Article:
Along with technology, our reactions to moral conflict are—like everything human beings say and do—shaped by how we want to come across. The performative nature of voicing an opinion on the internet can be motivated by the same insecurities and yearning to belong that inform a stylish food picture on Instagram. It’s not like we become altruistic and selfless as soon as morality is brought into the mix. We’re born with fears and anxieties, they’re stoked by life experience, and we don’t always get to choose when we’re acting out of a desire to be liked and when our intentions are pure.

That’s why it’s important we learn to catch ourselves when we’re “safeguarding purity,” in the words of James Baldwin. To think harder about the stories we tell and the roles we play within them (victims, heroes, sages, etc.). Elif Batuman recently wrote in the New Yorker about why the motives behind mass shootings by clinically sane white men are reported as mysterious and inexplicable rather than politically or ideologically motivated. She points out how many of last year’s mass shooters had histories of domestic violence and, clearly, of owning guns. She argues that those histories are political/ideological as well as personal—they are affiliations with patriarchy and with the cult of American masculinity. Likewise, affiliation with ISIS or other ideological motivations are personal as well as political/ideological. Batuman uses Baldwin to understand why Americans continue to insist that political beliefs and personal morals are not one and the same.

“Thinking about the different ruptures that prevent this story from being told, I was reminded of a line from James Baldwin’s ‘No Name in the Street,’ from 1972: ‘I have always been struck, in America, by an emotional poverty so bottomless, and a terror of human life, of human touch, so deep that virtually no American appears able to achieve any viable, organic connection between his public stance and his private life.’ For Baldwin, this disconnect originates in Americans’ need ‘to safeguard their purity’ at all costs—to go to any cognitive length in order to deny that they have profited, and continue to profit, from the suffering of others. How, Baldwin asks, can white Americans live normal lives among the descendants of the slaves who built their wealth? How, for that matter, can men live normal lives alongside women, whose sacrifices and labor were invisible for so many years? How can immigrants from poor and war-torn countries live normal lives as Americans? What Baldwin calls ‘the failure, in most American lives, of the most elementary and crucial connections’ is reflected in the stories we tell, and in the larger stories we don’t tell.”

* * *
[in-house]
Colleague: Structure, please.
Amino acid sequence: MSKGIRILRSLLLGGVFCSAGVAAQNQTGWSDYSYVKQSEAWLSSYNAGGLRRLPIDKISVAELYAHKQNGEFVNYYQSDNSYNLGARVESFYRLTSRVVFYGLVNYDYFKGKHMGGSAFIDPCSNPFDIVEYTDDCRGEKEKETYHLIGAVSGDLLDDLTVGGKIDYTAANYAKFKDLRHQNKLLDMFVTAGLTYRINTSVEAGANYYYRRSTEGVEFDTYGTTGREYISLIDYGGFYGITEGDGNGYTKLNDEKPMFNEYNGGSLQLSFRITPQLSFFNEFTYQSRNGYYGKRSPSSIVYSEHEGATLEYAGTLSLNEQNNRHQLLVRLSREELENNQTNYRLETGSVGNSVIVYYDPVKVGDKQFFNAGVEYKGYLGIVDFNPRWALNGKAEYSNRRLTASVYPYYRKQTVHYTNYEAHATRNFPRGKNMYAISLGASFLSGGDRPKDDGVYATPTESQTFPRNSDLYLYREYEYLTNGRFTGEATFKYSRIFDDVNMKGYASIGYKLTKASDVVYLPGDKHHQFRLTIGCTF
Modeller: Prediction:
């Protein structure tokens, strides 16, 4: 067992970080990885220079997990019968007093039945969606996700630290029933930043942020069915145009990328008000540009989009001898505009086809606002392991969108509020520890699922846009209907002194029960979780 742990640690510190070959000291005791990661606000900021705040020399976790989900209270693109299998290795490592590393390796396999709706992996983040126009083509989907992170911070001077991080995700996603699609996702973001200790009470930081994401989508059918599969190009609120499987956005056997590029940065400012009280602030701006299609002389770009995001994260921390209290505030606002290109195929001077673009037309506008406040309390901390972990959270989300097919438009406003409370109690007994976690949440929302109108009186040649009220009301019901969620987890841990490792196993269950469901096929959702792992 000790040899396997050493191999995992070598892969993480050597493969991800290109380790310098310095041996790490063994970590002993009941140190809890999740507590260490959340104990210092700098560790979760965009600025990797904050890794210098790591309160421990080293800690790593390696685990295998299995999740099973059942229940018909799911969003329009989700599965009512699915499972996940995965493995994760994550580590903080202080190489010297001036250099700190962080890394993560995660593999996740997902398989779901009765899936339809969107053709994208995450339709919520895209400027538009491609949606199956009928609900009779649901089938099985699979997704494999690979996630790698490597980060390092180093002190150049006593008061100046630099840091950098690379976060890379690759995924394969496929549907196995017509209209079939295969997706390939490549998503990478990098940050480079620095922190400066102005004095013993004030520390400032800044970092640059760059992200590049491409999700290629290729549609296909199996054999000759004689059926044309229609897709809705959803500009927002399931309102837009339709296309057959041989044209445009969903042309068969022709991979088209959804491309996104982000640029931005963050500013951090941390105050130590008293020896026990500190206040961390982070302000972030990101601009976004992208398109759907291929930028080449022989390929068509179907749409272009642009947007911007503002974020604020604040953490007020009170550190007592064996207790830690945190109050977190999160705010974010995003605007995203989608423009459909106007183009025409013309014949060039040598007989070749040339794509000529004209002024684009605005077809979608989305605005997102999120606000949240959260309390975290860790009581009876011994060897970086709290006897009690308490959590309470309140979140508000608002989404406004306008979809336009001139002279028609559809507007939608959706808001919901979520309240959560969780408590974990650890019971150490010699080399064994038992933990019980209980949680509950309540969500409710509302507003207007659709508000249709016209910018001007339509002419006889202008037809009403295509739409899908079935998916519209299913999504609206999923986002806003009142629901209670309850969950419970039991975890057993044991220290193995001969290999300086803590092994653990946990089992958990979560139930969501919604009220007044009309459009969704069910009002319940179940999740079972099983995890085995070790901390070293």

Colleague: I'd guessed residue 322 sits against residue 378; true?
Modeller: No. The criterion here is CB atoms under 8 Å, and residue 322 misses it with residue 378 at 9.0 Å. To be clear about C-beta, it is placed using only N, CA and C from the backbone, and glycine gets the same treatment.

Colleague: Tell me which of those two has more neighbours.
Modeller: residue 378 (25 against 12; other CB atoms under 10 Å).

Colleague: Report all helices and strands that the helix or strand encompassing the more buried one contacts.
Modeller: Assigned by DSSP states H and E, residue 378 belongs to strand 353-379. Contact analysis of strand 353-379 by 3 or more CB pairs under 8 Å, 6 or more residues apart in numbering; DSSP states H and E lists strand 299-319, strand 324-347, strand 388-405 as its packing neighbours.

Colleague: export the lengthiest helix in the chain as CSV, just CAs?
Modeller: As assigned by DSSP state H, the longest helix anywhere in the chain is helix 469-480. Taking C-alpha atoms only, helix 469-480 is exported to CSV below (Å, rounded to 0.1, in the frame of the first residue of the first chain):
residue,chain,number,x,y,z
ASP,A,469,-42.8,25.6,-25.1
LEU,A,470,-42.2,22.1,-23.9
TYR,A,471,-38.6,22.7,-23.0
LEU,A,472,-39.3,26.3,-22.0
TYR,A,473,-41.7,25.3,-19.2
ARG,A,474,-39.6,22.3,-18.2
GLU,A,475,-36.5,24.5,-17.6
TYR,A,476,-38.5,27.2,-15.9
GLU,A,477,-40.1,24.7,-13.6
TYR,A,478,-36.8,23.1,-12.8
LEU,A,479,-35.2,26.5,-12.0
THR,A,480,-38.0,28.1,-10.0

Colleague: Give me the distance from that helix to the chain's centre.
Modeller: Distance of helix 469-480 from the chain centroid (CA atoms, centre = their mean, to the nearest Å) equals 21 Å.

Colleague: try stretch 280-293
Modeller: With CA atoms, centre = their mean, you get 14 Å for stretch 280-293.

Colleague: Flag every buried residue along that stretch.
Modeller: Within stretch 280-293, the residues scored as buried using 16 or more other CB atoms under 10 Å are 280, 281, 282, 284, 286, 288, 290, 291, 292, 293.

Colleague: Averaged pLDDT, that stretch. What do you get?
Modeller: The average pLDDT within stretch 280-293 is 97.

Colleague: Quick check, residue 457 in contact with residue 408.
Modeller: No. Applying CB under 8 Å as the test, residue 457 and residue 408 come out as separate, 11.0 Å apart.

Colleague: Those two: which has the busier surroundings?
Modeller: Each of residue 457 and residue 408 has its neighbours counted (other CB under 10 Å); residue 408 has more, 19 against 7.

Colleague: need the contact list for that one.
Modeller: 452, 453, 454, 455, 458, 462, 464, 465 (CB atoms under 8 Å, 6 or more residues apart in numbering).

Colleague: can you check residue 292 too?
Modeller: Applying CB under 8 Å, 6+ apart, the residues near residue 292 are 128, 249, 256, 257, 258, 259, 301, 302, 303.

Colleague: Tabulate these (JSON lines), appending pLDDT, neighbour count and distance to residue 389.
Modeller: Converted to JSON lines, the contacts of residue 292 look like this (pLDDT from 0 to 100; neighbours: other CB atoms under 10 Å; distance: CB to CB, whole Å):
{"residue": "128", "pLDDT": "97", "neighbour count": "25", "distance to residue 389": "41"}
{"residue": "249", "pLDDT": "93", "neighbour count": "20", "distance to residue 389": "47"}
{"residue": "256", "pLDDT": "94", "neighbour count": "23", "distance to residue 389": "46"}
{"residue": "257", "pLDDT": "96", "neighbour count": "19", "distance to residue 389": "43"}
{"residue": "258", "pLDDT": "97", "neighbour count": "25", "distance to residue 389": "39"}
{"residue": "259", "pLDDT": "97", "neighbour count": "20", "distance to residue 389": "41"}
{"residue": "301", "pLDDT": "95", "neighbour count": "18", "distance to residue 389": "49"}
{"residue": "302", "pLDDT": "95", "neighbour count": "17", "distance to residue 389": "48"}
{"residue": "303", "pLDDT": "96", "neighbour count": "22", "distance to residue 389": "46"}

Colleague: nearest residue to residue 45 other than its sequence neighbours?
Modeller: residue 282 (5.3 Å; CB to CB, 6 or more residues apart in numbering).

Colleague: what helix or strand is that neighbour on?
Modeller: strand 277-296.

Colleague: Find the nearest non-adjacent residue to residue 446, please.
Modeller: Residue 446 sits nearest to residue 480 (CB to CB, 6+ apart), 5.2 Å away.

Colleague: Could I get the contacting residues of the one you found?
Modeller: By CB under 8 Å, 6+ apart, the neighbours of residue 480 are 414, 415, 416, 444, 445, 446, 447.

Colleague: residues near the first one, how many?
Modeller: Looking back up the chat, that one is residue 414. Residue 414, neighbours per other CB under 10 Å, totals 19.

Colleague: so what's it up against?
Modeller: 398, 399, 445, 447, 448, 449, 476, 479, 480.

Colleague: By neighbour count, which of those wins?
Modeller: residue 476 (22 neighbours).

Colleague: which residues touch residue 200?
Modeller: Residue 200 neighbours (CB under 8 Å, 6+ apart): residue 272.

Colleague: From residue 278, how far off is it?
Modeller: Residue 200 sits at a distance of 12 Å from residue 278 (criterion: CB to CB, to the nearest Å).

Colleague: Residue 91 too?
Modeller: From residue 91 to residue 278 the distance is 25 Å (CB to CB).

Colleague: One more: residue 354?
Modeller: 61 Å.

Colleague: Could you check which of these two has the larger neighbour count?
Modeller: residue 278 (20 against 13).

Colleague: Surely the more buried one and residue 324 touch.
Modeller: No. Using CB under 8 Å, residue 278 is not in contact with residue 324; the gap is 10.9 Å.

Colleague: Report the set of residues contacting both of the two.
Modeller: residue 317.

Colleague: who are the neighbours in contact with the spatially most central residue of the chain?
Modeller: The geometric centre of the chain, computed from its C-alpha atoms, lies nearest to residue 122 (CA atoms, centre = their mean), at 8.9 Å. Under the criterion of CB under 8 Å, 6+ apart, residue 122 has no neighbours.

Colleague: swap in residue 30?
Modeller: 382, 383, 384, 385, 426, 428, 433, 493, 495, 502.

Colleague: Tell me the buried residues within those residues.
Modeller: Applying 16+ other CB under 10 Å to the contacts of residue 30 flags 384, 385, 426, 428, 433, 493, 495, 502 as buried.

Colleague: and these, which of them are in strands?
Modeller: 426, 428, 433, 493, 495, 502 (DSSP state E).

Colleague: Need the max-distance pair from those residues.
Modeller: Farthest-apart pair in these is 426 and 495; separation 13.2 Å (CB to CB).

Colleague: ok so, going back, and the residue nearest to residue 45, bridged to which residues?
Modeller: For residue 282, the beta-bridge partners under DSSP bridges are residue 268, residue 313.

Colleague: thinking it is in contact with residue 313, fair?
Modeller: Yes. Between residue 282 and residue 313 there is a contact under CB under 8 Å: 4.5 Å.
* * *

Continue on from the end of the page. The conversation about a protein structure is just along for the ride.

Believing in one’s own innocence isn’t only pointless, but dangerous. Having any type of conscience obviously means that you want to be good and not hurt people. But doing your part means understanding systemic oppression, and that it is impossible to exist in the world without hurting other people, however indirectly. The increasing social capital on goodness—which I wrote about in December of 2016 and again last April—also motivates the desire to be, or at least appear, morally pure.

Last month, bell hooks spoke on the New Yorker Radio Hour about the #MeToo movement. It has been established that men sexually abuse women to exercise power, but because this cultural moment started with workplace abuse and industries filled with highly visible figures, that idea of power has been defined by wealth, celebrity, and influence, in addition to masculinity. Hooks asks us to go even deeper: An unhealthy relationship to power and sex may start with sexual abuse experienced in childhood. Confronting such trauma, however, would be wrought with emotion that American men are taught not to feel. Also very American is the notion that an early life marked by anything other than bliss is something to be ashamed of (as though anyone’s childhood is without pain). Here, another obsession with purity—with a flawless childhood, a perfect family—puts our society further at risk.

Could there be any link between the obsession with moral purity (having done no harm), the obsession with a pure origin story (having no harm done to you), and a utopia so elusive that it becomes less possible with every passing second: eternal youth?